“I’m going to sprint to the finish line,” he said.

As the city prepares to advance a plan to borrow $515 million to shore up its beleaguered pension fund, Elorza touted the ways he has already strengthened the city’s fiscal status, turning an inherited deficit into a nearly $30 million surplus, bolstering what had been a “junk” credit rating into one of investment-grade.

“With our finances in order and all that allows us to do, we have helped create a positive outlook that ultimately draws people in,” Elorza said. “People are moving to Providence and believing in Providence, investing well over $2 billion in the past seven years.”

Still, the influx of new residents hasn’t helped the housing crisis, which Elorza named a top priority of his administration. Although he highlighted the city’s involvement in the redevelopment of the “Superman” building as one example of its commitment to adding more housing, the $5 million city contribution to the project is not included in his budget plan.

The direct city funding will be granted once the building has received a certificate of occupancy, likely several years away, according to  Theresa Agonia, the mayor’s chief of external affairs.

Despite controversy over funding for the Police Department proved controversial during budget negotiations with the City Council last year, Elorza has proposed adding another $1.5 million for a new police academy to add up to 50 new officers.

Signature programs and events such as PVDFest, after-school programming through the Providence After School Alliance and city department-run services to deal with homelessness and substance abuse would be funded at their current levels while a “crisis diversionary program,” which started last year, would get a $121,000 boost over fiscal 2022 to hire more employees.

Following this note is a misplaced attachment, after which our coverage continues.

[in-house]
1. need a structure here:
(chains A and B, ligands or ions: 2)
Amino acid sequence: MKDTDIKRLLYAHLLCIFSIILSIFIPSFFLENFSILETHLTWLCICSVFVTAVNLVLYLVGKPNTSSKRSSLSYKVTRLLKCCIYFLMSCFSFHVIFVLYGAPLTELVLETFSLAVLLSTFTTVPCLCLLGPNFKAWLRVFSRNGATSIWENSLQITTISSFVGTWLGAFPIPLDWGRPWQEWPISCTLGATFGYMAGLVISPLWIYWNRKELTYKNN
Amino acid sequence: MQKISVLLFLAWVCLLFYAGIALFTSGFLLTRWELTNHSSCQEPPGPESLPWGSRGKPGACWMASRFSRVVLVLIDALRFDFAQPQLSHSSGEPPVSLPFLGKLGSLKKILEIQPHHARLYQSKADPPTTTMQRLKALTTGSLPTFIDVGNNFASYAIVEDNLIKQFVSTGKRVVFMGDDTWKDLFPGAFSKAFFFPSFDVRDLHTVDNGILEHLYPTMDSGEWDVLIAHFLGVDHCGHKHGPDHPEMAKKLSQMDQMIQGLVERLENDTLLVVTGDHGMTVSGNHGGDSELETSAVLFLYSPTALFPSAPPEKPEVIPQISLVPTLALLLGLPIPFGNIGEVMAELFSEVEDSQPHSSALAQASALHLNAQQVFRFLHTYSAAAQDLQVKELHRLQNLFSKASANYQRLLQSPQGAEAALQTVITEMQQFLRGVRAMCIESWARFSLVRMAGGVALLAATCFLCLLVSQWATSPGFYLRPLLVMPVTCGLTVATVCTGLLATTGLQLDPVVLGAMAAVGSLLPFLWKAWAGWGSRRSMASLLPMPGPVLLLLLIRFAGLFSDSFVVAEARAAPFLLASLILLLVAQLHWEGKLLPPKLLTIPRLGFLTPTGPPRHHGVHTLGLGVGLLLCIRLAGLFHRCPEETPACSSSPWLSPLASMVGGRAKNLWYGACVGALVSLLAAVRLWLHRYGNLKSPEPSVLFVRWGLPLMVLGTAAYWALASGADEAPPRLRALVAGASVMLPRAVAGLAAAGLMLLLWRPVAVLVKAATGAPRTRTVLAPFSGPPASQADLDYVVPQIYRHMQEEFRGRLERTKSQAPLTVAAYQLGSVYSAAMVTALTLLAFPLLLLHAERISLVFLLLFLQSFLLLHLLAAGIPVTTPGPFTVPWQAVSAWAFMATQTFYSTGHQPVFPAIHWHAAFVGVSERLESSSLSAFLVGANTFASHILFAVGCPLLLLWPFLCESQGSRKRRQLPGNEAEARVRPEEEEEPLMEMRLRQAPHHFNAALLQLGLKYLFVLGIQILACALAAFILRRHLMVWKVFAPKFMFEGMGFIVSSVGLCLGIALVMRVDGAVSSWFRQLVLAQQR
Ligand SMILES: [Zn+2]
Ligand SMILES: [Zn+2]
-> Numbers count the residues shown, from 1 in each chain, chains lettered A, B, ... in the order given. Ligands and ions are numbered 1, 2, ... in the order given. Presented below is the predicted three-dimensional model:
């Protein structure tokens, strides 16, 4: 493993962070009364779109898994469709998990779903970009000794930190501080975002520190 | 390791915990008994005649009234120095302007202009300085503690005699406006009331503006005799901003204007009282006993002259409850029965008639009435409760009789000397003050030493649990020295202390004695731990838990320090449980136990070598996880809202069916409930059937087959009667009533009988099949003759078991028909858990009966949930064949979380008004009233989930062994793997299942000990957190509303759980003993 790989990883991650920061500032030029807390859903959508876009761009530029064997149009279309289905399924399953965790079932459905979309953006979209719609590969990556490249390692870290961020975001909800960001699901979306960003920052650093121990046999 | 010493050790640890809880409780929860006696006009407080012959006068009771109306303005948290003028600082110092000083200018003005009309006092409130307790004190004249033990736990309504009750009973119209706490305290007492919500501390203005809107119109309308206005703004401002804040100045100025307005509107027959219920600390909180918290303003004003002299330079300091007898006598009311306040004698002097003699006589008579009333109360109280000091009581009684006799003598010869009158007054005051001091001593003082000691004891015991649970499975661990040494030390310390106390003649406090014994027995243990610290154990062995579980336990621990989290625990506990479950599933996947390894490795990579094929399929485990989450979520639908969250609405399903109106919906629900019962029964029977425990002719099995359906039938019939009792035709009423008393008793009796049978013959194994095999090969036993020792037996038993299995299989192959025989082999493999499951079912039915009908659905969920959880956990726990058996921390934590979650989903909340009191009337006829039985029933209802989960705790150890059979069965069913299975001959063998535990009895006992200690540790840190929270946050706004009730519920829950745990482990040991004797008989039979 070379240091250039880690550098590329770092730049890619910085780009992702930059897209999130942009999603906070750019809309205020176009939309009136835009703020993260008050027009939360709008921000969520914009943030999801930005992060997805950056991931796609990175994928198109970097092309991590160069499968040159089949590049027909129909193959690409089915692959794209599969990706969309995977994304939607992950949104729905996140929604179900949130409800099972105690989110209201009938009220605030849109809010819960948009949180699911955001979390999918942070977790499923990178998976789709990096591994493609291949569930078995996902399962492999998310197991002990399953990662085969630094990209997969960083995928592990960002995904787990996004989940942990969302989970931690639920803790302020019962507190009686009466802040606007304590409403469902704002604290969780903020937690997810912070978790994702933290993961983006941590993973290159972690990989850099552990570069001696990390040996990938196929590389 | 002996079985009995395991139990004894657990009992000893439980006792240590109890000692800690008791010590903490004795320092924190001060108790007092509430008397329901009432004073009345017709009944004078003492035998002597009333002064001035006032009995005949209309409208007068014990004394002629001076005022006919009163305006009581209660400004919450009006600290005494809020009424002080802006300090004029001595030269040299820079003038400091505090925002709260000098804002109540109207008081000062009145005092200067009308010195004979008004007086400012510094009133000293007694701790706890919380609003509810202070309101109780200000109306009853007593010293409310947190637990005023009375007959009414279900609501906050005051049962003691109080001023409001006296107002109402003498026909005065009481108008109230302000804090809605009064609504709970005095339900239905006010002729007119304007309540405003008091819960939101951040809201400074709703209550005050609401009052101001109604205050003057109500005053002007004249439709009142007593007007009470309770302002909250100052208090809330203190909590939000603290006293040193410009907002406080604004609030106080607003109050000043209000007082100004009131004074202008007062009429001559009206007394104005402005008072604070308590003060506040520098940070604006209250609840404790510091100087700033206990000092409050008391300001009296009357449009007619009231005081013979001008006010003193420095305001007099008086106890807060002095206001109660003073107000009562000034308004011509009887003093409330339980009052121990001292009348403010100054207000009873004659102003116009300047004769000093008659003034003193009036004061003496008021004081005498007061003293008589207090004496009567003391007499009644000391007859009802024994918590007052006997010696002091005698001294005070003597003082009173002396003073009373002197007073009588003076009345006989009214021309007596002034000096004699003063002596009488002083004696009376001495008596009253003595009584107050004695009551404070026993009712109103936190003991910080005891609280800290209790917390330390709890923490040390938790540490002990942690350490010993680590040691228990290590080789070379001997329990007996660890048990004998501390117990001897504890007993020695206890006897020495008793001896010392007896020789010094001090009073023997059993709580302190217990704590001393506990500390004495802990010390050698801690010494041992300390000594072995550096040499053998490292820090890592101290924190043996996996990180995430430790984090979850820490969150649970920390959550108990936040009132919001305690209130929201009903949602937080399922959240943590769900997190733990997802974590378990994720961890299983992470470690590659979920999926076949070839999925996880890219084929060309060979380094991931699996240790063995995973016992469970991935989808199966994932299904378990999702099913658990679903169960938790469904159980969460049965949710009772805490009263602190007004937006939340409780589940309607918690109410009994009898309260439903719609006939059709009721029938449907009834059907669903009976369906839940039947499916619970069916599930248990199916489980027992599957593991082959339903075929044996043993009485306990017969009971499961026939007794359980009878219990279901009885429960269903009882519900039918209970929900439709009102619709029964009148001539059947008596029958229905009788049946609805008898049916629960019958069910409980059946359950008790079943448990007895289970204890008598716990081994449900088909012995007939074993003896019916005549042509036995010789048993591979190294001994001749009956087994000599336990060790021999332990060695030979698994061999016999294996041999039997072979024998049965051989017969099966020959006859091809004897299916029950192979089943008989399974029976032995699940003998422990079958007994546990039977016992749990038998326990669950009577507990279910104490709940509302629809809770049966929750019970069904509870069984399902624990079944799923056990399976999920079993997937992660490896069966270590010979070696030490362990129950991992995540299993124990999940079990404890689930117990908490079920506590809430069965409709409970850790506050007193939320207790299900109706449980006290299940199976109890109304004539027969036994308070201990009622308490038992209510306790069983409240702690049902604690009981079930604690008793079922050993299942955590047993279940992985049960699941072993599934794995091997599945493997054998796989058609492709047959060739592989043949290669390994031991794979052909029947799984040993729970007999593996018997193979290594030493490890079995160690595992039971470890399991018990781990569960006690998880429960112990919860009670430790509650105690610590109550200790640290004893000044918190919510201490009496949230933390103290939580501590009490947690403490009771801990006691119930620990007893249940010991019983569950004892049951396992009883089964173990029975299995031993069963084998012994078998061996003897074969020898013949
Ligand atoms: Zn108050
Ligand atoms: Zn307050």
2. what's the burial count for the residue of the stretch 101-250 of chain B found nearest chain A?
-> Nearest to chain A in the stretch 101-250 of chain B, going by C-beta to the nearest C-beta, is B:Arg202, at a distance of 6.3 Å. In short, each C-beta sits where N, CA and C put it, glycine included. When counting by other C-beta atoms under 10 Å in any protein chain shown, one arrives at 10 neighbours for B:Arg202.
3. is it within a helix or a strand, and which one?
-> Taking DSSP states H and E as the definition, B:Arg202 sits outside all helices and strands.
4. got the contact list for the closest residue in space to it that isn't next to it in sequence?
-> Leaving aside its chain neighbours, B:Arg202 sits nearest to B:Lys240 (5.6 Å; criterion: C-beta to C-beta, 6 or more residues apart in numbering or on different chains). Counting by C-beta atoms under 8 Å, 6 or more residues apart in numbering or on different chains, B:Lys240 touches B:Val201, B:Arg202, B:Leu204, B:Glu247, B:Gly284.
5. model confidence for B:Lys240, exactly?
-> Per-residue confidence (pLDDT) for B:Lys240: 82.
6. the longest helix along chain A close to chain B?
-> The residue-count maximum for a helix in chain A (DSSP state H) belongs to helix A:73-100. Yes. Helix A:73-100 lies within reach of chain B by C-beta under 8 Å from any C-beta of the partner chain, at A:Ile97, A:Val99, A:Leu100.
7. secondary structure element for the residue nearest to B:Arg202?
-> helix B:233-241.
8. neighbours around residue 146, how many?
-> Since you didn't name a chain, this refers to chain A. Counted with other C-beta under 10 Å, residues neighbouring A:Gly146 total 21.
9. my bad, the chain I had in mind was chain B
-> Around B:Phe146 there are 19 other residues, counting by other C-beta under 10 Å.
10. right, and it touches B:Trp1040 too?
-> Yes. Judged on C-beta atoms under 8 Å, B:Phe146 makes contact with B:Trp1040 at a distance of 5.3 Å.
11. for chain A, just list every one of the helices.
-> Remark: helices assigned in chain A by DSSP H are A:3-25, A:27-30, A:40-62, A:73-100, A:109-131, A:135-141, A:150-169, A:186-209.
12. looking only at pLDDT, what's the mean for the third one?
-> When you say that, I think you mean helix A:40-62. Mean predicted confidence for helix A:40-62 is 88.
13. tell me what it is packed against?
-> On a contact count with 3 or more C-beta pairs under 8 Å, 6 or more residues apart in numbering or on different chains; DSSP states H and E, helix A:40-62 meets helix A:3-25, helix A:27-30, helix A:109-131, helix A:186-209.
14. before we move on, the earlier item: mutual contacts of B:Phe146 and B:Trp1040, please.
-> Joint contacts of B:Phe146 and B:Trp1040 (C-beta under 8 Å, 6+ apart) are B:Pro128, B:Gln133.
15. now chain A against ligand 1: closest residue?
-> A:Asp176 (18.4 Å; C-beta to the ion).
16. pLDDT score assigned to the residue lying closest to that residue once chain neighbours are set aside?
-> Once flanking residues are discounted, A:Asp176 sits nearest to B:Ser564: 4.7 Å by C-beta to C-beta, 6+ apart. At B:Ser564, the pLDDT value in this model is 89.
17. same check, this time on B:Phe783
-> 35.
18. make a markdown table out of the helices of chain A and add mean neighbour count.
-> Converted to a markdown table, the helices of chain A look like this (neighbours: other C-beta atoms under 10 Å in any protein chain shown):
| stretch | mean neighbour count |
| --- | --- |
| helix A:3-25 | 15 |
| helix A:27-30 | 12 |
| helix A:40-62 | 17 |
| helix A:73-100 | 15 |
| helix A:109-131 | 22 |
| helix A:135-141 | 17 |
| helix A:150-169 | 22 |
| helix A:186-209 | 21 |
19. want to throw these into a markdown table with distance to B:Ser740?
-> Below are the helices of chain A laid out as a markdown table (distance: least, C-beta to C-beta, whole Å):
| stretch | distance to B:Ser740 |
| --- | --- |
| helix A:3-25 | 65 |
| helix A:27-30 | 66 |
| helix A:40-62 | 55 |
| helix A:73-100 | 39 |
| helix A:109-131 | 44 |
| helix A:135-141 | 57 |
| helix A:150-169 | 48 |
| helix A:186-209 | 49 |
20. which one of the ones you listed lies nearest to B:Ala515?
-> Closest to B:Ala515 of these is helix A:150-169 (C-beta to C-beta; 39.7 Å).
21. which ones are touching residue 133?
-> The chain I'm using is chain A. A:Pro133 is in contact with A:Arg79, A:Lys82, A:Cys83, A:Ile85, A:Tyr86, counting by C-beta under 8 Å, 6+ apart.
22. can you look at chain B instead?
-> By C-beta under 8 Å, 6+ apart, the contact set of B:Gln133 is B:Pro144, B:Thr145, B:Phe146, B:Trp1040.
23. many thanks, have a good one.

The mayor’s budget also sets aside $1.1 million for “landmark public artwork” in the Providence Innovation District Park, slated to be unveiled this fall.

Elorza has again proposed giving $130 million to the Providence Public School District, which is under state control, despite an ongoing court battle between Elorza and state education leaders over how much money the city should be providing for its schools.

Elorza criticized the “structural failings” of Providence schools, which he called a “quagmire” that risks losing another generation of students.

“The dirty secret is that if we really, and I mean really, want to turn public education around, it requires radical transformation,” he said. “Changing personnel, reorganizing departments and simply spending more money will not do.”

The budget also includes a $100.3 million payment to the city pension fund, which will not change even if the proposed $515 million pension obligation bond moves forward, according to Mancini.

Another $100,000 would be set aside for the city’s rainy day fund.

Separate from its general fund, the budget proposal also includes $500 million worth of capital projects to be funded over the next four fiscal years. 

Updated through to add comments from Mayor Elorza from his budget address Tuesday night.

Nancy Lavin is a PBN staff writer. Contact her at Lavin@PBN.com.